|Plot Summary of Where Flows the Water|
Jael had always dreamed of becoming a hi'icha, a brave strong guardian who would protect his tribe and ki'ita, his beloved one who was given to him by the One who is All. But Jael was only the seventh son of Di'lat, the youngest and least likely to be chosen as a Guardian. Jael resigned himself to being the best hunter possible and keeping the tribe well provided with food. He was determined to get Naki, a beautiful young widow, to notice him and chose him for her new mate when her mourning period was over.
In order to be noticed, he needed to become the best hunter for the tribe. While out on a hunt, he found Quan, a strange ba'chi (holy man) who was treed by a bear. Jael quickly killed the bear and offered to help the stranger down, but Quan needed a little persuading, as he was afraid of falling. Still, Jael couldn't just leave the stranger there and not only got him down from the tree, he also dressed his wounds and helped him bathe in a nearby river. While sharing a campfire in the evening, Quan told Jael that he was searching for his hi'icha who would become bonded to him and would ease the pains that racked his body every time he used his magic, for Quan could draw water up from anywhere in the earth and could find it no matter where he was. Jael knew that the Elders of his Clan would want to meet Quan and promised to take him to his village.
Quan was thrilled to meet Jael and knew that his search was over. Jael had to be his hi'icha and they would soon become ki'ita, lovers blessed by the gods who literally glowed to others in their happiness. Jael's touch eased Quan's aches and he rested well for the first time in years as they shared a bed by the campfire. But when Quan tried to explain to Jael what he would become, Jael gently brushed him aside and explained that he did not lust after men's bodies, but that he loved women and wanted children.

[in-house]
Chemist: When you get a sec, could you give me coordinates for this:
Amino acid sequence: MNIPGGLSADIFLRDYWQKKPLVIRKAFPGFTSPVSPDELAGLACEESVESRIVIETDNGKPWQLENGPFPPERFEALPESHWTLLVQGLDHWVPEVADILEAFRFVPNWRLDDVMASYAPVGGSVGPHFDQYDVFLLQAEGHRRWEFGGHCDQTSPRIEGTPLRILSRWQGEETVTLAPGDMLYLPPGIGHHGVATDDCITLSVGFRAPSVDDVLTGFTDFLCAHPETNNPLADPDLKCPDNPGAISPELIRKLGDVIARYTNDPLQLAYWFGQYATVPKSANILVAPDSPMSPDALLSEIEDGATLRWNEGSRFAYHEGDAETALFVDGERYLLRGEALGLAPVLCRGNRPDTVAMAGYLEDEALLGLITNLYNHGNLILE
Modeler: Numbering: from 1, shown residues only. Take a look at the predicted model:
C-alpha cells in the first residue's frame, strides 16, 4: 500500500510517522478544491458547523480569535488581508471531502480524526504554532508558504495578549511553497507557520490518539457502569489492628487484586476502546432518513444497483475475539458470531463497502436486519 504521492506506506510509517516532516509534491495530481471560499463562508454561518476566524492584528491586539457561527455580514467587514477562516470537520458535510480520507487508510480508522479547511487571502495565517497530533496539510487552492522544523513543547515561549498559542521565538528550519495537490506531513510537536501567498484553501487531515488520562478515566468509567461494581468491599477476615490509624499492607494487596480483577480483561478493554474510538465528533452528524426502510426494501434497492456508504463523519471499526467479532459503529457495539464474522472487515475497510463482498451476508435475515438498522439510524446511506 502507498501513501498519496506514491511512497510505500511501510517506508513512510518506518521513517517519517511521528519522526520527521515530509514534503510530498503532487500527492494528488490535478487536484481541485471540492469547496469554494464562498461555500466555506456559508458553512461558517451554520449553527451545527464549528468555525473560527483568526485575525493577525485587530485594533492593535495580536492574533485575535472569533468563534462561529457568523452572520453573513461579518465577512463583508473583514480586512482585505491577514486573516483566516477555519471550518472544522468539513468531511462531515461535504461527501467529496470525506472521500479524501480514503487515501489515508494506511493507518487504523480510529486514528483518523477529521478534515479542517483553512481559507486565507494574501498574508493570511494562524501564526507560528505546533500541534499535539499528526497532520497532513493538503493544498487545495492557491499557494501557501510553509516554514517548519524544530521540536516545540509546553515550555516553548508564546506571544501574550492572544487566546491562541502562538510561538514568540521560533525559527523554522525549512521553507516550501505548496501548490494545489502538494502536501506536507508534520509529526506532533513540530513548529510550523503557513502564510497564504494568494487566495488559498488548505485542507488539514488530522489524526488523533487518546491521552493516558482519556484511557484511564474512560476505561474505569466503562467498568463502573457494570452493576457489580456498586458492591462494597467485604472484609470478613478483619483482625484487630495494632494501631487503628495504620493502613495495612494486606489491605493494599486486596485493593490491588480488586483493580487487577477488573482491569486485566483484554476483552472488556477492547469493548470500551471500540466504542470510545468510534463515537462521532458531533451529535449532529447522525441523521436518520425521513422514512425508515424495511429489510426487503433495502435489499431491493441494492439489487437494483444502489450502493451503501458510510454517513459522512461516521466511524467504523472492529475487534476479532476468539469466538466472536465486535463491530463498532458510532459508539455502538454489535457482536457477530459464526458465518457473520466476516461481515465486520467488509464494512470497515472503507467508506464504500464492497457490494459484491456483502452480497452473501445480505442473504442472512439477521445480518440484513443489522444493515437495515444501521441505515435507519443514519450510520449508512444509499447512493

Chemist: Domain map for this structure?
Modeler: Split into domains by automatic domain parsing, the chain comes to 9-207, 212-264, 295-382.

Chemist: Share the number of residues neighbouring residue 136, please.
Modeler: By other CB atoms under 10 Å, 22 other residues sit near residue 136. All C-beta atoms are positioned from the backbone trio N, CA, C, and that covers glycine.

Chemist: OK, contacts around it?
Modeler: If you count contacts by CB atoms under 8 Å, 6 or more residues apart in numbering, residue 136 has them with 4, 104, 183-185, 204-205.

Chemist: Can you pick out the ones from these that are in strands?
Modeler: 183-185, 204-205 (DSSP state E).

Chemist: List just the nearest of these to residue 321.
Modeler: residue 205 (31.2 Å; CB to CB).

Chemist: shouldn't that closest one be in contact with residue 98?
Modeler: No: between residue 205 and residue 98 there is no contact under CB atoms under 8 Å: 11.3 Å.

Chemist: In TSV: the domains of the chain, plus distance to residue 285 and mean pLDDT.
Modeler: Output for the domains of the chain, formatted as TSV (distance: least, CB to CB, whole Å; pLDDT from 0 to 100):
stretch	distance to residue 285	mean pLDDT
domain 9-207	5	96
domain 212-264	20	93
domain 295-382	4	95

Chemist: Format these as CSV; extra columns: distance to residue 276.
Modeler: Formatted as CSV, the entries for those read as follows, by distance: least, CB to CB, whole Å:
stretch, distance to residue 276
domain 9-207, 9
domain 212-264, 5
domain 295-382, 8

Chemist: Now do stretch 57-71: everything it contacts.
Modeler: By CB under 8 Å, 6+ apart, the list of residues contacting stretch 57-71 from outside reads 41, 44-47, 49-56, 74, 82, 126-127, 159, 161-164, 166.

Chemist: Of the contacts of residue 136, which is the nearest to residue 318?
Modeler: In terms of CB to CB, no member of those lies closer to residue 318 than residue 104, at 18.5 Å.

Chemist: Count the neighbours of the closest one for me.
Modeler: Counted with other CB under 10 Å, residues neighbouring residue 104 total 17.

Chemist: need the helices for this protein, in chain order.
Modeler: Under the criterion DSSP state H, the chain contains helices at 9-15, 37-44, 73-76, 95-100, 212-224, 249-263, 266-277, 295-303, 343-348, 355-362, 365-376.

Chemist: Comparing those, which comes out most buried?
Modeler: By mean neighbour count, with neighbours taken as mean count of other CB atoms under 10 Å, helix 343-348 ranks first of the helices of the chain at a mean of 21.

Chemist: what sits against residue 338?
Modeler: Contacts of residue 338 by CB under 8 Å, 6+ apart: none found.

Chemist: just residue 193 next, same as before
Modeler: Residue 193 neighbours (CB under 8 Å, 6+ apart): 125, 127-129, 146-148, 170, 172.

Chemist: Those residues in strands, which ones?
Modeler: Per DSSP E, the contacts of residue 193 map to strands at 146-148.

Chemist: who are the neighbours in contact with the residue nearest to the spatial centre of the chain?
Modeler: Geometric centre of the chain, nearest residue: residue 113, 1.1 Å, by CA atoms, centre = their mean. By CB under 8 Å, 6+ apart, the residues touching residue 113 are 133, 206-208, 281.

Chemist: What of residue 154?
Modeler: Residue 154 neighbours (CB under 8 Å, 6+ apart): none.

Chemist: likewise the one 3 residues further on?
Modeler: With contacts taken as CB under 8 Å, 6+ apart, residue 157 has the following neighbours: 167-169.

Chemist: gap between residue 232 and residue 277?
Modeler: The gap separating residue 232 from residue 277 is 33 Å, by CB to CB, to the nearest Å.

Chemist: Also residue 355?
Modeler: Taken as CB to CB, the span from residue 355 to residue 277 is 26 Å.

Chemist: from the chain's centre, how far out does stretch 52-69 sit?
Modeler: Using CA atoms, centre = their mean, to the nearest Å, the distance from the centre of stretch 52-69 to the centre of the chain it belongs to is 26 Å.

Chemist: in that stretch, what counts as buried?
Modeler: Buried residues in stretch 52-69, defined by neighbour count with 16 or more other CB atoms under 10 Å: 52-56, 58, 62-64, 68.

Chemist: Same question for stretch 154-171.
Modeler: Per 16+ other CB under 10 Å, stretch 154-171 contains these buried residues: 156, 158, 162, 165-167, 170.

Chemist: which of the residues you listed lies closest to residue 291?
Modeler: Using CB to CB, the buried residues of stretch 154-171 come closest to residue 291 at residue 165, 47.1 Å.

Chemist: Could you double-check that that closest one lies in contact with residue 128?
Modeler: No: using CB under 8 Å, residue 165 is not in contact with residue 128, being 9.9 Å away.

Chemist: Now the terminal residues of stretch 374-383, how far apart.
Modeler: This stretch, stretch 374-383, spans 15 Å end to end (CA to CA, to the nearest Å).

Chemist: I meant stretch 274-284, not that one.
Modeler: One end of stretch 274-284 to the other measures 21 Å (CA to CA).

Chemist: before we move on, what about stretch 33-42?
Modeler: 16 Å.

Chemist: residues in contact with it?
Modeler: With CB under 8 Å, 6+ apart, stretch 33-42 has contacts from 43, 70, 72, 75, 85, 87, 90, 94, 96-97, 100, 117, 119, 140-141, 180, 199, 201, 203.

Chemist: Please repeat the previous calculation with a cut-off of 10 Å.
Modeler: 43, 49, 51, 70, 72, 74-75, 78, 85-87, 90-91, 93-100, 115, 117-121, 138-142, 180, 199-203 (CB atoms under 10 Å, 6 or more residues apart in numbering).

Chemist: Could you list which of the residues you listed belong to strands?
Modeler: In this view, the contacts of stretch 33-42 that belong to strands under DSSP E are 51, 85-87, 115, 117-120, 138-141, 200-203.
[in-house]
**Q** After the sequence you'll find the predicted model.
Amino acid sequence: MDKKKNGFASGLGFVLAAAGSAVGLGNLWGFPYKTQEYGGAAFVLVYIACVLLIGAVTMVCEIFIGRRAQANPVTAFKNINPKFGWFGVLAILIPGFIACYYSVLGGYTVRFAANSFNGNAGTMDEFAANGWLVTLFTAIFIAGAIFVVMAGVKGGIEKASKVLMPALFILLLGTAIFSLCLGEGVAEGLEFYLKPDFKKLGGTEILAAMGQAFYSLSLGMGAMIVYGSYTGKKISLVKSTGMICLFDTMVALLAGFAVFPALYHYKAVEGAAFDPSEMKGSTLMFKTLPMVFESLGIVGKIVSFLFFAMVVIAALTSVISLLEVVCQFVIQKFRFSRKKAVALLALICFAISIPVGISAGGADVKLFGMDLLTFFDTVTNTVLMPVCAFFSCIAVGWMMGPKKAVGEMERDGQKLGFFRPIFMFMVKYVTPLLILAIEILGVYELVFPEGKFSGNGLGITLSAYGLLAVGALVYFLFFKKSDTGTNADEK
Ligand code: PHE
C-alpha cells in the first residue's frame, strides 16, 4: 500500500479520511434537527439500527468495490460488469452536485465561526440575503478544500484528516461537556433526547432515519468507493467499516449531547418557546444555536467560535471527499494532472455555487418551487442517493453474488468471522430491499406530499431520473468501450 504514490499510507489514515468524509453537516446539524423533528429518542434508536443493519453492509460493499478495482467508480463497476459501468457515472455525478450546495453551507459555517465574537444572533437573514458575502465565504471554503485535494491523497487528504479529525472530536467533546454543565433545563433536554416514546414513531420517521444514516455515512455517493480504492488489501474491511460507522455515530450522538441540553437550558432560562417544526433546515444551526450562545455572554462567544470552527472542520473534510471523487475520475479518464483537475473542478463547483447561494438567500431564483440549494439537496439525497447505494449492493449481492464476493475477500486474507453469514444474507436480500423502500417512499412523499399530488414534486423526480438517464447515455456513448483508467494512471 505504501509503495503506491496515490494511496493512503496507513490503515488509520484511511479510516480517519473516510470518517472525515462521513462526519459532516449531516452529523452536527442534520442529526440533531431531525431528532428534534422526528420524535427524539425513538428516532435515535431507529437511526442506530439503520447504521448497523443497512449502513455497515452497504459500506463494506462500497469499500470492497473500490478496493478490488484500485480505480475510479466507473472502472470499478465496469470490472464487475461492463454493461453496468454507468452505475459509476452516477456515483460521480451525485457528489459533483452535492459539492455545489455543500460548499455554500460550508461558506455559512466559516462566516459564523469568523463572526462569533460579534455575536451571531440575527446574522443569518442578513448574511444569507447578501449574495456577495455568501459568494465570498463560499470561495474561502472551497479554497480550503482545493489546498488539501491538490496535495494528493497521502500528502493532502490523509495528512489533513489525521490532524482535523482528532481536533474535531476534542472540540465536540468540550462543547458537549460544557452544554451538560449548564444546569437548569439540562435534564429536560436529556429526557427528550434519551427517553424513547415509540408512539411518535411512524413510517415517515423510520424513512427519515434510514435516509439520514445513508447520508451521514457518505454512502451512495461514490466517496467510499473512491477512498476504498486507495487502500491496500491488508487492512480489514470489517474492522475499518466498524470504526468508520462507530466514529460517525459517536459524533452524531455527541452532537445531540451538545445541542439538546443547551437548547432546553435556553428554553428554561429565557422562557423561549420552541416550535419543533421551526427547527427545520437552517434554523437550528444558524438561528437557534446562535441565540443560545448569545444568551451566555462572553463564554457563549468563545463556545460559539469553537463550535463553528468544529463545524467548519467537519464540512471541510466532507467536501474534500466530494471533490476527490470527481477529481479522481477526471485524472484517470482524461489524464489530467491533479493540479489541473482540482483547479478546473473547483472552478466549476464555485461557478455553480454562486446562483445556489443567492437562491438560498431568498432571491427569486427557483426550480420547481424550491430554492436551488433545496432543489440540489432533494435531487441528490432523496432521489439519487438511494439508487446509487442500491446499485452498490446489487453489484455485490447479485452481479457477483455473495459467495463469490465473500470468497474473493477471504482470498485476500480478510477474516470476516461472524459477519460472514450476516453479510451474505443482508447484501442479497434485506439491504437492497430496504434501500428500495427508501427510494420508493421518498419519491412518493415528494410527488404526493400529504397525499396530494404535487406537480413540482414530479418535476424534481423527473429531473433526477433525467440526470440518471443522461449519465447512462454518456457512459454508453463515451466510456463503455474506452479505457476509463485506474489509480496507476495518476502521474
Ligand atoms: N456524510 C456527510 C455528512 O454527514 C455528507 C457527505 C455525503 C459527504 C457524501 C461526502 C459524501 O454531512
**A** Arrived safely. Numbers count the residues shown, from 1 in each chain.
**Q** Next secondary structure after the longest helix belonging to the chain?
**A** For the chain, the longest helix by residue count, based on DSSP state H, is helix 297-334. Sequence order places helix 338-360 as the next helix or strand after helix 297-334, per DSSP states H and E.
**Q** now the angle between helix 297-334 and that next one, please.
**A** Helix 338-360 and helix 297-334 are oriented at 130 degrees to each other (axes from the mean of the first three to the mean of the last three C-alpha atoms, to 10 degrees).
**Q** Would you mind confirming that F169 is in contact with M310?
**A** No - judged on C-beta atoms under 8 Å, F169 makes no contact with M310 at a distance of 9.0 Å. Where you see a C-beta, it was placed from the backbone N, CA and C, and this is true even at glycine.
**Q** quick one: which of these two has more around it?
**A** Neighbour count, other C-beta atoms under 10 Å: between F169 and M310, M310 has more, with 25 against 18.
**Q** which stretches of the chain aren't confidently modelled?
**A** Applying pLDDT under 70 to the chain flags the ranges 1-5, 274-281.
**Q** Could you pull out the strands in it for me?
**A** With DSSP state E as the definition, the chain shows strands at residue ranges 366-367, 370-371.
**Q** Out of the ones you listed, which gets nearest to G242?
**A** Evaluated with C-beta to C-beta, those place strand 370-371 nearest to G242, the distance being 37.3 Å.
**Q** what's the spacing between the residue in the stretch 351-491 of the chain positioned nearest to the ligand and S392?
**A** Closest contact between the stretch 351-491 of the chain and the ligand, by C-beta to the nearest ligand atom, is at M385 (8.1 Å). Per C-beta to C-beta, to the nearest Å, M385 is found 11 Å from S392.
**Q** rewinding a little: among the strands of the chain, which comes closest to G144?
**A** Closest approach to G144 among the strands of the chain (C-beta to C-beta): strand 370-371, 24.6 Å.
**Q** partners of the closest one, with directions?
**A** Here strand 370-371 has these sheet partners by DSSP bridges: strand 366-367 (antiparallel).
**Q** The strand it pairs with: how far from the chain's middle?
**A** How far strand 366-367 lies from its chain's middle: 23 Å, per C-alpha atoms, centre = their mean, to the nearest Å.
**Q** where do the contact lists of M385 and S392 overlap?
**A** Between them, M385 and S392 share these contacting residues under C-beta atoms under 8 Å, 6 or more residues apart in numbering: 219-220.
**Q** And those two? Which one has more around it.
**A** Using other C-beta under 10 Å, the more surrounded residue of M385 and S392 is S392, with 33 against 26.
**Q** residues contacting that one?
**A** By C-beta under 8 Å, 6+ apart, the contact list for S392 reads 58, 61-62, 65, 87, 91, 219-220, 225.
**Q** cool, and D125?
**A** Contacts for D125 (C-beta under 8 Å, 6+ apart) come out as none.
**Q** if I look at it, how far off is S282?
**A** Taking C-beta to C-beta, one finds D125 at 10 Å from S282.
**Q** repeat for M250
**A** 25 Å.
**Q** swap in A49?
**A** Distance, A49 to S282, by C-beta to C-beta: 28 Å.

Devastated, Quan tried to determine whether he was mistaken and wondered if his hi'icha was still out there somewhere, waiting to be found. But the longer Quan was with Jael, the more certain he was that Jael was meant to be his. When Jael brought Quan to his village, Quan immediately informed the Elders that Jael was his hi'icha and they agreed with him. Jael was astonished and tried to tell the Elders that they were mistaken, but reluctantly agreed to be bound to Quan so his family's honor would not suffer. Jael worked hard to provide for Quan, giving him food, shelter, clothing and all the care and comfort he could provide – but he did not share his body and his love the way Quan yearned for him to. Jael was sure that he could never care for a man in that way, but Quan was just as positive that Jael could. Quan tried to move slowly and give Jael time to adjust, but as time passed by with no change, Quan decided to take matters into his own hands and try a little old-fashioned seduction...
This synopsis report prepared by Debbie
|Chapter Analysis of Where Flows the Water|
Ratings are on a 1-10 scale (Low to High)
Composition of Book
Descript. of chases or violence - 20%
planning/preparing, gather info, debate puzzles/motives - 20%
Feelings, relationships, character bio/development - 40%
Descript. of society, phenomena (tech), places - 20%
Tone of book
- very upbeat
FANTASY or SCIENCE FICTION?
- fantasy world/fantasy past
- gay guys/gay aliens/gay monsters doing it
Is this an adult or child's book?
- Adult or Young Adult Book
Type of couple:
- Both human, he has magical powers
- a teen
- general past
Takes place on Earth?
Accounts of torture and death?
- generic/vague references to death/punishment
Sex in book?
What kind of sex:
- descript of kissing
- descript of touching personal anatomy
- actual description of sex
- descript. of private male anat.
How much dialogue?
- roughly even amounts of descript and dialog
Note: the views expressed here are only those of the reviewer(s).
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